PHILADELPHIA — A.J. Brown took to the podium Monday in his green-and-white suit, his 2-year-old daughter, Jersee, in his arms, and a big smile on his face.
But in many ways, the Eagles’ trade for their newest wide receiver last Thursday wasn’t as much about Brown as it was about quarterback Jalen Hurts.
Sure, Brown benefits from the riches of the four-year contract, worth as much as $100 million as the Eagles traded a first-round pick and a third-round pick to the Tennessee Titans to get him.
Hurts benefits just as much, if not more.
If anything, by trading for Hurts’ best friend, as Brown described their relationship, the Eagles showed how much they believe in Hurts as their quarterback going forward.
After the trade, Hurts FaceTimed with Brown and posted their reaction on social media.
“I’m going to go to bat for him every Sunday because he’s my friend,” Brown said. “It’s a different mentality you bring when you’re playing for somebody that’s important to you. It’s not about yourself anymore. You’re playing for someone else. So, I’m going to go above and beyond for this team and for him.”
For the entire offseason, the Eagles have insisted that Hurts is their quarterback, whether it was Eagles chairman and CEO Jeffrey Lurie, general manager Howie Roseman or head coach Nick Sirianni.
They said their goal was to improve the team around Hurts, and not look for a new quarterback. Whether that was the case or not depends on whether the Eagles would have traded for Russell Wilson or Deshaun Watson had they been willing to play for the Eagles.
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But neither wanted to come to Philadelphia, so the point was moot. At the same time, the Eagles thought enough of Hurts to not seek someone else like Jimmy Garappolo or Baker Mayfield.
Instead, they traded for Brown. You can’t do much worse statistically than Brown, who has 2,995 yards receiving in three seasons with the Titans.
And Brown has plenty of motivation to make sure it works, both for him and for Hurts.
As recently as 10 days ago, they worked out together while Hurts was attending the birthday party of Brown’s daughter. At the time, they had no idea they would be teammates.
And yes, Brown admitted when they last worked out together, they talked about playing together. At that time, Brown and the Titans had reached an impasse on a contract extension. Brown wanted a deal in line with the contracts signed by Tyreek Hill, Davante Adams, averaging more than $20 million per year.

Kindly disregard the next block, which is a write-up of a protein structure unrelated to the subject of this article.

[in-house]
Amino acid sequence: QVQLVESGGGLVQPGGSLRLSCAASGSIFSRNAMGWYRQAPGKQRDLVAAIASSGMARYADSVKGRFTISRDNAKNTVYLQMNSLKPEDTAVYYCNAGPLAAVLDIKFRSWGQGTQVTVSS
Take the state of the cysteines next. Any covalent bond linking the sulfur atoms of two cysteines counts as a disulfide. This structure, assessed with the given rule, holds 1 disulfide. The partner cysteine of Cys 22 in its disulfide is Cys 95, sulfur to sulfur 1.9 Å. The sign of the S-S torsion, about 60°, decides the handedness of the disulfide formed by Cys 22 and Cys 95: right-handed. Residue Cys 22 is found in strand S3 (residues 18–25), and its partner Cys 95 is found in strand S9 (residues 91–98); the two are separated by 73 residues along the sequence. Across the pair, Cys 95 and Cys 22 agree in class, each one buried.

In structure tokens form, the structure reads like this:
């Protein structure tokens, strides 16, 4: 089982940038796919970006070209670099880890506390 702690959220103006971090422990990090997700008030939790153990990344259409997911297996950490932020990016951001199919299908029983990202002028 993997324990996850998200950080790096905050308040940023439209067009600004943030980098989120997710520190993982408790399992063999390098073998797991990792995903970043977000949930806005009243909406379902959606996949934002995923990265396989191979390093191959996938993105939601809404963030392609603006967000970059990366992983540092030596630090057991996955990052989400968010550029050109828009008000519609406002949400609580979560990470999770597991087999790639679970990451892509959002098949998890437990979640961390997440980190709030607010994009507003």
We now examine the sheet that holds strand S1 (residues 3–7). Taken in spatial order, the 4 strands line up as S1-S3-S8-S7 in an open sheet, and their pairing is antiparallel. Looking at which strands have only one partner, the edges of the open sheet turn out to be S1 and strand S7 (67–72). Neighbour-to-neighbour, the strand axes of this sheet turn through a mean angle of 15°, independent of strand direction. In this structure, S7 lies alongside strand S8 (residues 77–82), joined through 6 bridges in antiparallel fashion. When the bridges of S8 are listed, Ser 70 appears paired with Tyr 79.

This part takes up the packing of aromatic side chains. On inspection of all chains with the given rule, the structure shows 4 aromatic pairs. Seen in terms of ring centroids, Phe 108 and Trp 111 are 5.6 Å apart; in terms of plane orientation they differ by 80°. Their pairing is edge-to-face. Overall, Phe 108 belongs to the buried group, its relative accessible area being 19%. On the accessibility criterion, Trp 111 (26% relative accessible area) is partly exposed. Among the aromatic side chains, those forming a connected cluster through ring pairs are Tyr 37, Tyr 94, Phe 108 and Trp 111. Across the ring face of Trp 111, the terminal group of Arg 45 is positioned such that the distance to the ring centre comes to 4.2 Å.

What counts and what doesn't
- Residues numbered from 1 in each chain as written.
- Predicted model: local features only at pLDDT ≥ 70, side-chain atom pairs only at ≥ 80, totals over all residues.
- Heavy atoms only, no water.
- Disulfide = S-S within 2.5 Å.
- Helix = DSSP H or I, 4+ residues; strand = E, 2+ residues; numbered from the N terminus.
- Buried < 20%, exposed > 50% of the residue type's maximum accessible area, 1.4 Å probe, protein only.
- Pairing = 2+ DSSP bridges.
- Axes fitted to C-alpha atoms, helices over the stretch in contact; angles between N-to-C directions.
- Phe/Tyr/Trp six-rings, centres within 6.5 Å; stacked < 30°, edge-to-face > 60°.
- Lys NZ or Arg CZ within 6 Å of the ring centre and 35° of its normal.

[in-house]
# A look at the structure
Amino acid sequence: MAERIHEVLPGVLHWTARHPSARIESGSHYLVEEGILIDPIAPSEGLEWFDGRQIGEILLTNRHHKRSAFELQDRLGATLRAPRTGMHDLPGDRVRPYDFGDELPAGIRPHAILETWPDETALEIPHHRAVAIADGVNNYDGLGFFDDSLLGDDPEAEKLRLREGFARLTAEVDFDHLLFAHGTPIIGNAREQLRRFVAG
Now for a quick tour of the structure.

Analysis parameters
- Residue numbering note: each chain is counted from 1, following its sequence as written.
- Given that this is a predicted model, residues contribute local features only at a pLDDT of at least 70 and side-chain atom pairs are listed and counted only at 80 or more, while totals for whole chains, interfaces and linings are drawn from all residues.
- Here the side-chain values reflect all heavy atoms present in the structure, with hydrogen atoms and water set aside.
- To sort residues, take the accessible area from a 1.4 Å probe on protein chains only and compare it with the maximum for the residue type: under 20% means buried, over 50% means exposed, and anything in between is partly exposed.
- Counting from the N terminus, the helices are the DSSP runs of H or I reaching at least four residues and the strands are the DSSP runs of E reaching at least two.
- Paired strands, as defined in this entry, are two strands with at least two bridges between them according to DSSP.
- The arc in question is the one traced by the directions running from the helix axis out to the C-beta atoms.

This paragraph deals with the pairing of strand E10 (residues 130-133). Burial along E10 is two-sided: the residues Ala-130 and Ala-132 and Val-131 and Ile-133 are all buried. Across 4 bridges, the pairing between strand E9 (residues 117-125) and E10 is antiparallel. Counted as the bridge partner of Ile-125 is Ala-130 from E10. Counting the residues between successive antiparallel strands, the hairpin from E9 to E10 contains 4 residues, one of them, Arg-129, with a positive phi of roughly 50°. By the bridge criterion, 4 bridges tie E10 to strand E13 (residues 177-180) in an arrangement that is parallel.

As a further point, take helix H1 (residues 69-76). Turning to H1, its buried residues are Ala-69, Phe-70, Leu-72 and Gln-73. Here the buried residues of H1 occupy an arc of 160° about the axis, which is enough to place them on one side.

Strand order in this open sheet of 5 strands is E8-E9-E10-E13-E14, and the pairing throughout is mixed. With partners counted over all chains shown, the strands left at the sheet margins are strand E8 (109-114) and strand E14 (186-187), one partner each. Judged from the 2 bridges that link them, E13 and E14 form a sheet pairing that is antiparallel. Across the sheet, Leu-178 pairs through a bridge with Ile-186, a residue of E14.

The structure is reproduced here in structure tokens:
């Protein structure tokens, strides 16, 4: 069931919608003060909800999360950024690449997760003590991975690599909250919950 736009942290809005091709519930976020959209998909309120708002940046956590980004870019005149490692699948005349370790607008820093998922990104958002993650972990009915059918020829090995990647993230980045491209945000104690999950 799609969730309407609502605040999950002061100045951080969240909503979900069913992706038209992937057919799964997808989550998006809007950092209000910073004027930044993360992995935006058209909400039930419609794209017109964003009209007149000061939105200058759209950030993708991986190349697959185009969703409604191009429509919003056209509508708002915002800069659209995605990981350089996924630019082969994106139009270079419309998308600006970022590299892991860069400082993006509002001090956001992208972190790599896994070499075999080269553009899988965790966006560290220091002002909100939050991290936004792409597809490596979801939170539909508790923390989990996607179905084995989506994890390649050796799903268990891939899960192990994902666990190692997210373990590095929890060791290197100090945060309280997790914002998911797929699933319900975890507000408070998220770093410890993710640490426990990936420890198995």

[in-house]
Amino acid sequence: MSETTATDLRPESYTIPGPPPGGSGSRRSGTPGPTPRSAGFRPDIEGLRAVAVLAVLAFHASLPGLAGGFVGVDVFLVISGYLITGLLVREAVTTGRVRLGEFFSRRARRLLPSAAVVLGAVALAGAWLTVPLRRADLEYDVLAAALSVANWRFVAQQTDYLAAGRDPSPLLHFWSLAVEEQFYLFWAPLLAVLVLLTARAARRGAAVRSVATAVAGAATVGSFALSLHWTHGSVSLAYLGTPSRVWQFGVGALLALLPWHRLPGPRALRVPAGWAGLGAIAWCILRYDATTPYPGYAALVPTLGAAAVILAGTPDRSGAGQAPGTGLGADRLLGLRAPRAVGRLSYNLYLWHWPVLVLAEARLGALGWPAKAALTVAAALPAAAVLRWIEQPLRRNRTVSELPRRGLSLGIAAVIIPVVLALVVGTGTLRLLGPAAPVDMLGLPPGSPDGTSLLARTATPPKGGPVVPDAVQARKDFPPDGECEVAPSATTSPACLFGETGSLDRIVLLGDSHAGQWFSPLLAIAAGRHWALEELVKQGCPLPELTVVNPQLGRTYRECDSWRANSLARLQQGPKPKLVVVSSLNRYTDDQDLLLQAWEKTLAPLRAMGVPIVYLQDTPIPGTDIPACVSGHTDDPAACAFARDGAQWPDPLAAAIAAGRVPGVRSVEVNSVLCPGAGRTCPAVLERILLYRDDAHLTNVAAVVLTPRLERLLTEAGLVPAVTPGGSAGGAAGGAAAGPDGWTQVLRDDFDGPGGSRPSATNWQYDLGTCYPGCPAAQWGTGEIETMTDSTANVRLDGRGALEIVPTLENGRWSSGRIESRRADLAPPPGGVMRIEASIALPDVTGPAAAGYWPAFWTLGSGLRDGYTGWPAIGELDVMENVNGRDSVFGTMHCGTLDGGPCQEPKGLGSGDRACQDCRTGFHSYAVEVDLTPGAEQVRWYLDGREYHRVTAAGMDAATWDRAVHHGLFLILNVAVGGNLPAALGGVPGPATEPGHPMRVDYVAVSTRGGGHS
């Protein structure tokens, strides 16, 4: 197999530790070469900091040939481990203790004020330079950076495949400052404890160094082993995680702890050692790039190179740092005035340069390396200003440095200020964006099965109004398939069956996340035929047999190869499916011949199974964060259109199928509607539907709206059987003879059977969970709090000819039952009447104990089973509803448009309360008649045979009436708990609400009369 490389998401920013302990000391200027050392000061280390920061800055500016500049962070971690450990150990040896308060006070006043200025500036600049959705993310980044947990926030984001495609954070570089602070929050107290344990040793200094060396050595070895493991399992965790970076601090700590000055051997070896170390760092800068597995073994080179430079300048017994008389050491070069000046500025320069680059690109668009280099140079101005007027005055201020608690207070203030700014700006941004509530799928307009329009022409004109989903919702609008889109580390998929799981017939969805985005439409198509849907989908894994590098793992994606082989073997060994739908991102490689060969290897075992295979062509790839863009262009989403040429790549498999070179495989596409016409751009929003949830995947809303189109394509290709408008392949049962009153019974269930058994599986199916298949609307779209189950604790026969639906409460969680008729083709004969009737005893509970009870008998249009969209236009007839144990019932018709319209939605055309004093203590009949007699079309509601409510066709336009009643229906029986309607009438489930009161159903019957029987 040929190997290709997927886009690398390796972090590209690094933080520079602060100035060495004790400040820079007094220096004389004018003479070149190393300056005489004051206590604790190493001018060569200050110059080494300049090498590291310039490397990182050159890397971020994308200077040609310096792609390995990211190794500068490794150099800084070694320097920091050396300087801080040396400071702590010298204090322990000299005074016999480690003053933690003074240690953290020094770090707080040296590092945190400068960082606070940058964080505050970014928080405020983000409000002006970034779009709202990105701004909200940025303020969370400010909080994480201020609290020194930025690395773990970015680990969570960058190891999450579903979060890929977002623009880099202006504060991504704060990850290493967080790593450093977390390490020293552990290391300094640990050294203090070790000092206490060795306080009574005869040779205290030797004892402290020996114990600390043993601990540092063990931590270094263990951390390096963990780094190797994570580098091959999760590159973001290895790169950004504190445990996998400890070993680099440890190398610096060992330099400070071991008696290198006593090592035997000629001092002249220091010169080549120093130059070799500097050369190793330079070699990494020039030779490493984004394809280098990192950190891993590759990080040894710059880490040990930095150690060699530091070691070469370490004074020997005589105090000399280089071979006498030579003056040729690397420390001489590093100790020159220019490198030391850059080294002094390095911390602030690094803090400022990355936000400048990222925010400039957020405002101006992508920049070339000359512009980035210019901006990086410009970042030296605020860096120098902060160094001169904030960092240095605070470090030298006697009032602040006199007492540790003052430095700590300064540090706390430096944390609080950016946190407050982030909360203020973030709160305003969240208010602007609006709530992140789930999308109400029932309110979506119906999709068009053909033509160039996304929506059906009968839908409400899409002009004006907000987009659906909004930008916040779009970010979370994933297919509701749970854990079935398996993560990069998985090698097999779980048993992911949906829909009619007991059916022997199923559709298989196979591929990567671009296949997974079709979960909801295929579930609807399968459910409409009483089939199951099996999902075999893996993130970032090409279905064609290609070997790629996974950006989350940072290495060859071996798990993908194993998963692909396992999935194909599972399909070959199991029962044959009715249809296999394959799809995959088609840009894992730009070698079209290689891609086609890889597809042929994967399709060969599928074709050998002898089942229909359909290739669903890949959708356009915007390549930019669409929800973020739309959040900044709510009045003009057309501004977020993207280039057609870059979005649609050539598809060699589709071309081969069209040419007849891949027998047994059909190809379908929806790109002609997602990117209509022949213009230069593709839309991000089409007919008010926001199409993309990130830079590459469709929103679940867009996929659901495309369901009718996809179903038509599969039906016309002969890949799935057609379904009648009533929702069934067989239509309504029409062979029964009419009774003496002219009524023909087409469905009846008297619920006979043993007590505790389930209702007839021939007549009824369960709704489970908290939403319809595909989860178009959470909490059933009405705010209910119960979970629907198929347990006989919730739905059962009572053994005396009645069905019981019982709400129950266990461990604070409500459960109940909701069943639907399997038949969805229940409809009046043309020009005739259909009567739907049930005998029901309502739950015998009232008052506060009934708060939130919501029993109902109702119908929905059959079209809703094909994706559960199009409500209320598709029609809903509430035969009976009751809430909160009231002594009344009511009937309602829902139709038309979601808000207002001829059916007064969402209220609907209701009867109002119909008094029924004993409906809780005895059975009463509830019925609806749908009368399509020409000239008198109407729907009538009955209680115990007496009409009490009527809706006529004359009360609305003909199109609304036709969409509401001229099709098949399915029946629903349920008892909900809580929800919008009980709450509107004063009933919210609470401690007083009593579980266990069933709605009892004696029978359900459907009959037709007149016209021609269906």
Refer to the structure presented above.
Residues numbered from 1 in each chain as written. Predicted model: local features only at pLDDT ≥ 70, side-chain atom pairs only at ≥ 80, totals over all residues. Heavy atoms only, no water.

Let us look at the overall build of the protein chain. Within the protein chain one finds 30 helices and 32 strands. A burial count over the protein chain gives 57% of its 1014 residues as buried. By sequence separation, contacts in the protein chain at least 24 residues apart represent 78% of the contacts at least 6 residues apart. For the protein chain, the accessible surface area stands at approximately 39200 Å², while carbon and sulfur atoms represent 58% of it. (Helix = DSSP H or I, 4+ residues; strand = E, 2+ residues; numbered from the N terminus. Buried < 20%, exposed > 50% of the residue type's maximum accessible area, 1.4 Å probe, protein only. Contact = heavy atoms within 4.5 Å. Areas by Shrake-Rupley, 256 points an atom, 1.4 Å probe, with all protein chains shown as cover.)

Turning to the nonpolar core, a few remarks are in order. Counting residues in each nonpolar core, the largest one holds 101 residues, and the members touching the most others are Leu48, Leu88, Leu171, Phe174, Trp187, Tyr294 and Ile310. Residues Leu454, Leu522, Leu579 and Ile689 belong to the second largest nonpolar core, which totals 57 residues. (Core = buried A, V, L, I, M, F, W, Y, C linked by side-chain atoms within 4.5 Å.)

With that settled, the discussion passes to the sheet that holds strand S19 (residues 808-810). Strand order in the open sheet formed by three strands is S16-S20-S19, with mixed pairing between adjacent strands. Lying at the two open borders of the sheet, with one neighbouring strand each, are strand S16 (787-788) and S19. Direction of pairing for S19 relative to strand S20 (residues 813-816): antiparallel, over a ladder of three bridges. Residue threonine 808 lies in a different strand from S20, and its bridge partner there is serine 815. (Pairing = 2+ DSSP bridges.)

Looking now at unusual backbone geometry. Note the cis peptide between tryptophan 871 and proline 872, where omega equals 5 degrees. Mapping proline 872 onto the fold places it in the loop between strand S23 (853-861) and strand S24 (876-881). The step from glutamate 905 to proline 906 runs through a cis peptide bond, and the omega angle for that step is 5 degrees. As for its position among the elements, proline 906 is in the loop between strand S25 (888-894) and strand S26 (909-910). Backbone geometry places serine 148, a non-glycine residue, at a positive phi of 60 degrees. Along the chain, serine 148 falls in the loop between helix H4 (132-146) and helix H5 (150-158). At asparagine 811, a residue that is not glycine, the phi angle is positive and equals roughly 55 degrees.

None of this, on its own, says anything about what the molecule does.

ESPN reported that Brown would have taken $22 million, but the Titans wouldn’t offer as much as $20 million.
“In the middle of the throwing session, Jalen says he’s going to ask them to trade for me,” Brown said. “We were just laughing, joking. We had no idea that this would happen.”
Let’s just say that the trade wouldn’t have happened if Brown didn’t believe in Hurts as a quarterback. Sure, Hurts completed just 61.3% of his passes, and critics will point to missing open receivers, or running before exhausting all of his passing options.
But Brown saw something different during their workouts.
“I see a guy who is talented, believes in himself, has a strong arm, he’s on time (with hs throws),” Brown said. “This isn’t coming from me. It’s from all the times we worked out together. I think the sky’s the limit.”
Sure, Brown was the biggest move to show the Eagles’ faith in Hurts. But it was hardly the only one. They drafted DeVonta Smith in the first round, 10th overall, last year. Smith and Hurts were teammates for two seasons at Alabama, and are obviously good friends.
And on Saturday, the Eagles drafted Grant Calcaterra in the sixth round. He and Hurts were teammates at Oklahoma in 2019 before Calcaterra left football for a year due to concussions.
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“I’m so excited to get back playing with Jalen,” Calcaterra said. “He was a great teammate at Oklahoma. We’re definitely good friends. I have a ton of respect for him as a player, off the field as well. Just at Oklahoma it was evident how he was a leader so fast, coming in as a transfer.”
Brown knew this back when he and Hurts were both being recruited out of high school. Brown said Hurts had committed to Alabama and was trying to get Brown to join him there.
They struck up a friendship then, even though Brown chose Mississippi. And they kept it going ever since, through workout sessions during the offseason to trips together to constant texts and calls.
“I think when you run into good people, I think you try to stay close to them,” Brown said. “He was one person that I considered a really good friend. He’s always looked out for me. And here we are.”
No one wants Hurts to succeed as the Eagles quarterback more than Brown. This was only the latest example that the Eagles feel this way as well.
Contact Martin Frank at email@example.com. Follow on Twitter @Mfranknfl.